Female Genital Mutilation (FGM), which is defined by the World Health Organisation as ‘procedures that intentionally alter or cause injury to the female genital organs for non-medical reasons’ is a growing problem in the United Kingdom due to the large number of migrants who originate from countries where FGM is practiced (WHO, 2014).
The Home Office estimates that over 20,000 girls under the age of fifteen, residing in the UK, are at risk of female genital mutilation each year (FGM – the Facts, nd).
FGM has been a specific criminal offence in England and Wales since the Female Circumcision Act 1985. This legislation was replaced by the Female Genital Mutilation Act 2003, which broadened the scope of the offence, extended it to acts committed overseas and increased the maximum sentence from five to fourteen years in prison.
To date, there has only been one prosecution for FGM in England and Wales and this resulted in an acquittal. One of the reasons why there have been so few prosecutions is that victims have been reluctant to report instances of FGM.
In addition to this, girls at risk of FGM have not been the subject of child protection investigations because frontline professionals have not identified FGM as child abuse. Consequently, the law in England and Wales has been subject to much criticism e.g. by the Home Affairs Select Committee on Female Genital Mutilation 2014.
The Serious Crime Act 2015 contains provisions designed to improve the law relating to female genital mutilation in England and Wales. For example, the Act introduced Female Genital Mutilation Protection Orders, modelled on Forced Marriage Protection Orders, which are civil orders ‘for the purposes of (a) protecting a girl against the commission of a genital mutilation offence, or (b) protecting a girl against whom any such offence has been committed.’
Just days after the Serious Crime Act came into force on 17th July 2015, the High Court made protection orders to safeguard three young Nigerian girls living in England who were at risk of being taken overseas by their father for the purpose of FGM (Re E (Children) (Female Genital Mutilation Protection Orders)  EWHC 2275 (Fam).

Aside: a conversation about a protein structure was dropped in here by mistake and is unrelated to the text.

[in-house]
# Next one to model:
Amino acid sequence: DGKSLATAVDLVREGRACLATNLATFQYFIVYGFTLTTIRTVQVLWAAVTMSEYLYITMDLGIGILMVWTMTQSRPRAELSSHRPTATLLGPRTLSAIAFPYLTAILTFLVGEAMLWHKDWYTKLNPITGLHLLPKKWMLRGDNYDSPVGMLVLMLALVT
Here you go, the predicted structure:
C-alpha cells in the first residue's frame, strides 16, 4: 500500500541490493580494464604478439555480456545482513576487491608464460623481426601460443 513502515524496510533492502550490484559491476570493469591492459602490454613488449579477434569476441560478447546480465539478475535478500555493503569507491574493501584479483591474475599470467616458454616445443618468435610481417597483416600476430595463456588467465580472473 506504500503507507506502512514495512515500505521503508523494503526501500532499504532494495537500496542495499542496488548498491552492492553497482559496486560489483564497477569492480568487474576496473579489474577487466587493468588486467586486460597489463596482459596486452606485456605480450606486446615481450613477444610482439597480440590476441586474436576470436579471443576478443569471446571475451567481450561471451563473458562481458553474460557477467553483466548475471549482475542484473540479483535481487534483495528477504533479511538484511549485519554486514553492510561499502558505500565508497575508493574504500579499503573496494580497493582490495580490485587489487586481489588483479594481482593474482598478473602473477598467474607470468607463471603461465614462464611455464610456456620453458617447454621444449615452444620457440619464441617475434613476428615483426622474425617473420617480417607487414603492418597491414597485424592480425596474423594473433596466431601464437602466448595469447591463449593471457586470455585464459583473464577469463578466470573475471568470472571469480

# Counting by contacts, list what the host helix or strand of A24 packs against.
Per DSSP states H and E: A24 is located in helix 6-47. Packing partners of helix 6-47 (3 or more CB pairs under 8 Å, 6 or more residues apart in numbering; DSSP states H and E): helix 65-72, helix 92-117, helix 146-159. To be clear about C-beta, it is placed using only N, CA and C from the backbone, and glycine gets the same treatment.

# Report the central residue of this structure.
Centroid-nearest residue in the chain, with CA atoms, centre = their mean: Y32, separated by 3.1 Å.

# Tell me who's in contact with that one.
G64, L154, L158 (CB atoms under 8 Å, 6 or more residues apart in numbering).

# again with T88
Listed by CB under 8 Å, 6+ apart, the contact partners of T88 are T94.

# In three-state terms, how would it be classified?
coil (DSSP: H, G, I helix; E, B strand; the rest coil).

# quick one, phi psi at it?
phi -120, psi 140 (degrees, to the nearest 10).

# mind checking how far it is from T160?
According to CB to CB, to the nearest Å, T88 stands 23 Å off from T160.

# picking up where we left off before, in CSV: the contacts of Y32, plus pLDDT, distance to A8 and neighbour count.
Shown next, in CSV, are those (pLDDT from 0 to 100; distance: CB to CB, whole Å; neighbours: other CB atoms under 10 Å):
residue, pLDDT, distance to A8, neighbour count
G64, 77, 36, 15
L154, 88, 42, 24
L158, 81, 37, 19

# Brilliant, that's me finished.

The protection order, which was applied for by the girls’ mother, prohibits the father from removing the children from England and Wales until further order and requires the children’s passports to be deposited with the court to ensure that this is adhered to. The father is prohibited from using violence against the children and their mother, and from encouraging, permitting or causing others to do so.
He is also forbidden to come within 100 metres of the children’s place of residence or their school. If the father breaches the order, he will have committed a criminal offence, punishable by up to five years in prison. FGM protection orders are welcomed as they focus on prevention, rather than punishment of those who commit FGM or arrange for it to take place.
In addition to the introduction of protection orders, the Serious Crime Act 2015:
These legislative reforms, together with a package of measures promised by the Government, which includes: the establishment of a Female Genital Mutilation Unit, increased funding to improve the way the NHS tackles female genital mutilation; improved training for frontline professionals and increased funding for community engagement projects, will hopefully reduce the occurrence of FGM in England and Wales and assist those who have been subjected to the practice.
About the author: Dr. Ruth Gaffney-Rhys is a Reader in Law, specialising in Family Law. She is the co-director of the Centre for Gender Studies in Wales.
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